Take the 2-minute tour ×
Stack Overflow is a question and answer site for professional and enthusiast programmers. It's 100% free.

Here's the example of what i'm doing:

   var size = new Array("S", "M", "L", "XL", "XXL");
   var color = new Array("Red", "Blue", "Green", "White", "Black");
   var options = new Array( size, color);

I'm doing a loop select form thingies which work good, but i want to fetch the Array child name, in this case - size or color. When i'm doing alert(options[0]) i get the whole elements of array, but for some specific case, i want to get only the array name, which is size/color like i've said already. Is there way to achieve that? Thanks

share|improve this question
Not use new Array, use [] instead. –  antonjs Mar 26 '12 at 12:10
and why is that:)? –  Malyo Mar 28 '12 at 9:13
here the difference btw [] and new Array stackoverflow.com/questions/931872/… –  antonjs Mar 28 '12 at 13:59

7 Answers 7

up vote 14 down vote accepted

I would create an object like this:

var options = { 
    size: ["S", "M", "L", "XL", "XXL"],
    color: ["Red", "Blue", "Green", "White", "Black"]


To access the keys individualy:

for (var key in options) {

P.S.: when you create a new array object do not use new Array use [] instead.

share|improve this answer
It kinda works, but it displays all the names, how do i access them individualy (i want it inside loop afterwards) –  Malyo Mar 28 '12 at 7:02
Just execute this code: for (var key in options) { alert(key); } –  antonjs Mar 28 '12 at 8:17
MDN (Mozilla) suggests that for in should not be used on arrays - "for..in should not be used to iterate over an Array where index order is important. Array indexes are just enumerable properties with integer names and are otherwise identical to general Object properties." - developer.mozilla.org/en-US/docs/Web/JavaScript/Reference/… –  rpeg May 18 '14 at 2:57

There is no way to know that the two members of the options array came from variables named size and color.

They are also not necessarily called that exclusively, any variable could also point to that array.

var notSize = size;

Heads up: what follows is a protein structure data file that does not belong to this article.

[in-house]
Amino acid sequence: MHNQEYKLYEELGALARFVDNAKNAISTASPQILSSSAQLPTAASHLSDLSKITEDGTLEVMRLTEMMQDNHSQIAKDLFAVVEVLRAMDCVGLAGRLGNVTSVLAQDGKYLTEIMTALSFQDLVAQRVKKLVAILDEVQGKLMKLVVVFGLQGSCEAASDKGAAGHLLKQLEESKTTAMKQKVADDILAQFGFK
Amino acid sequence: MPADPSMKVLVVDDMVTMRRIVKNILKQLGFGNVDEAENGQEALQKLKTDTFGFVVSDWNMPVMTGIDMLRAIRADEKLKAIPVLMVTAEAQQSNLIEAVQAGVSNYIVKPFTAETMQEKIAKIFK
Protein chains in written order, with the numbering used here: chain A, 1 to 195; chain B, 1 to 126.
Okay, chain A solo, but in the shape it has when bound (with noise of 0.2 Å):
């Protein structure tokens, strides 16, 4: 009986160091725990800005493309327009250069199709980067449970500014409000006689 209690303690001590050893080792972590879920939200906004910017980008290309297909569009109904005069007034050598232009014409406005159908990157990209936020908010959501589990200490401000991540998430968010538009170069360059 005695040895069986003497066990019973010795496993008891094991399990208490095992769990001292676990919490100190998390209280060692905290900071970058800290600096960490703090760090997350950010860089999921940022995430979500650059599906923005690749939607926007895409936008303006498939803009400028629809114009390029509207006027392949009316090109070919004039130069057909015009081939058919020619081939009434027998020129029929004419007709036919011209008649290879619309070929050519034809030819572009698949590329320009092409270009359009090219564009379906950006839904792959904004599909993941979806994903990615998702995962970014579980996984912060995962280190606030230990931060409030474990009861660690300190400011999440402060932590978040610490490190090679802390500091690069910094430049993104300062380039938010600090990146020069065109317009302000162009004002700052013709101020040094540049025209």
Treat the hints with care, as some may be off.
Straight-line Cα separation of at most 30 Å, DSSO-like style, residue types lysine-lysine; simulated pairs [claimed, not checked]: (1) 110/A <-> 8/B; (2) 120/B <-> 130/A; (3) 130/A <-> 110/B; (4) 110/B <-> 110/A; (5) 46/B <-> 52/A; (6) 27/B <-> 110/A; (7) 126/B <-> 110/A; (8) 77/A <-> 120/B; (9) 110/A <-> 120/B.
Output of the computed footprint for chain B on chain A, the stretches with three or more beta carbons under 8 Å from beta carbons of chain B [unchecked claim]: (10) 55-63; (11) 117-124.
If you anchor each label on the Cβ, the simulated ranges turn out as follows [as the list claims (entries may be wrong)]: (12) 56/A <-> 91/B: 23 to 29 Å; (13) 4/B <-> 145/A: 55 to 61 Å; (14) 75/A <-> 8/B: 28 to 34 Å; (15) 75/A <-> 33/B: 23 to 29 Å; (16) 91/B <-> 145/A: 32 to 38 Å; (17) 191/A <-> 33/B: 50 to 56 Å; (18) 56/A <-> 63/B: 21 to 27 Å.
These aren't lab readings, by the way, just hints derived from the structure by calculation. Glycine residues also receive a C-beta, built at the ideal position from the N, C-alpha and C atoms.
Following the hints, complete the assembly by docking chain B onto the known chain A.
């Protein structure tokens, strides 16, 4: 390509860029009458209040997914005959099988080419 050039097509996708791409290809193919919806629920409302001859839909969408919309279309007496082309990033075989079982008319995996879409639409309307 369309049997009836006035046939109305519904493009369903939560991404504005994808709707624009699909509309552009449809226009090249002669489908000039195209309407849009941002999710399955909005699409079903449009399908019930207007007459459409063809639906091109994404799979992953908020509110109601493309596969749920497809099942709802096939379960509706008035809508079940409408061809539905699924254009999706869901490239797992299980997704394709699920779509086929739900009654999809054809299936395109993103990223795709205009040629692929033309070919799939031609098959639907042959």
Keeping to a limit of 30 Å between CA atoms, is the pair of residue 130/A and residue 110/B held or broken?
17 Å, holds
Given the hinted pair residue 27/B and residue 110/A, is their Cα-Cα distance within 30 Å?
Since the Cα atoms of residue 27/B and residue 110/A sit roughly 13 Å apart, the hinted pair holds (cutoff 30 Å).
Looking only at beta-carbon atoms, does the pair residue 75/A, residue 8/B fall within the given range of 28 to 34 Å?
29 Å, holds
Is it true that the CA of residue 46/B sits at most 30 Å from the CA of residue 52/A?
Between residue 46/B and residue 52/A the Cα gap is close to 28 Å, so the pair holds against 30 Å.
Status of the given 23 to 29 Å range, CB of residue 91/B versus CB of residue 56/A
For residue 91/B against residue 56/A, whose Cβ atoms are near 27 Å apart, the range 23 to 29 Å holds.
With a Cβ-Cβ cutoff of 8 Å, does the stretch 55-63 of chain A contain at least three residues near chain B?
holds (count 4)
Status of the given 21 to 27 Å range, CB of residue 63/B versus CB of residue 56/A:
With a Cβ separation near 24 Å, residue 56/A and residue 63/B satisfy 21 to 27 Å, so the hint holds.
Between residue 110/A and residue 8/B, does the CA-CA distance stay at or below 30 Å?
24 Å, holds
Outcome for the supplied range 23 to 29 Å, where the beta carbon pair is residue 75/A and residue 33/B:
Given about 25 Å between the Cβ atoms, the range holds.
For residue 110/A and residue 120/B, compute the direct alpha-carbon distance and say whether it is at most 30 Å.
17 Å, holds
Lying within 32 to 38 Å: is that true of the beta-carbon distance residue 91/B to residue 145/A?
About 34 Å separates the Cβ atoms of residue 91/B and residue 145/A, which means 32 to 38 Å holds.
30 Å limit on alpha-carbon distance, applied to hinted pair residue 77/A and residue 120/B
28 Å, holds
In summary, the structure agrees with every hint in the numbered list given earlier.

console.log(options[0]); // It is `size` or `notSize`?

One thing you can do is use an object there instead...

var options = {
    size: size,
    color: color

Then you could access options.size or options.color.

share|improve this answer

You can't. The array doesn't have a name.

You just have two references to the array, one in the variable and another in the third array.

There is no way to find all the references that exist for a given object.

If the name is important, then store it with the data.

var size = { data: ["S", "M", "L", "XL", "XXL"], name: 'size' };
var color = { data: ["Red", "Blue", "Green", "White", "Black"], name: 'color' };
var options = [size, color];

Obviously you'll have to modify the existing code which accesses the data (since you now have options[0].data[0] instead of options[0][0] but you also have options[0].name).

share|improve this answer
'no way to find all the references that exist' - seems incorrect, sorry Quentin. You can loop through properties in an object to see what's there. –  danp Mar 26 '12 at 12:05
@danp — You'd have to loop through every object, including those that were wrapped up in closures. Assuming that this code is in a function, I'm not aware of any way to find all the variables declared in it (if it wasn't then var color would should up as window.color) –  Quentin Mar 26 '12 at 12:05

you can get using key value something like this :

var size = new Array("S", "M", "L", "XL", "XXL");
var color = new Array("Red", "Blue", "Green", "White", "Black");
var options = new Array(size, color);

var len = options.length;
for(var i = 0; i<len; i++)
 for(var key in options[i])


see here : http://jsfiddle.net/8hmRk/8/

share|improve this answer
Well your example doesn't work mate, it alerts all the array array values, not the array array name –  Malyo Mar 28 '12 at 7:01

Yes it is. You can use


to get the size "S"



to get the color "Red"

share|improve this answer

In that case you don't want to insert size and color inside an array, but into an object

var options = { 
    'size': size,
    'color': color

Afterwards you can access the sets of keys by

var keys = Object.keys( options );
share|improve this answer

You've made an array of arrays (multidimensional), so options[0] in this case is the size array. you need to reference the first element of the child, which for you is: options[0][0].

If you wanted to loop through all entries you can use the for .. in ... syntax which is described here.

var a = [1,2,4,5,120,12];
for (var val in t) {

var b = ['S','M','L'];
var both = [a,b];

for (var val in both) {
     for(val2 in both[val]){console.log(both[val][val2])}
share|improve this answer

Your Answer


By posting your answer, you agree to the privacy policy and terms of service.

Not the answer you're looking for? Browse other questions tagged or ask your own question.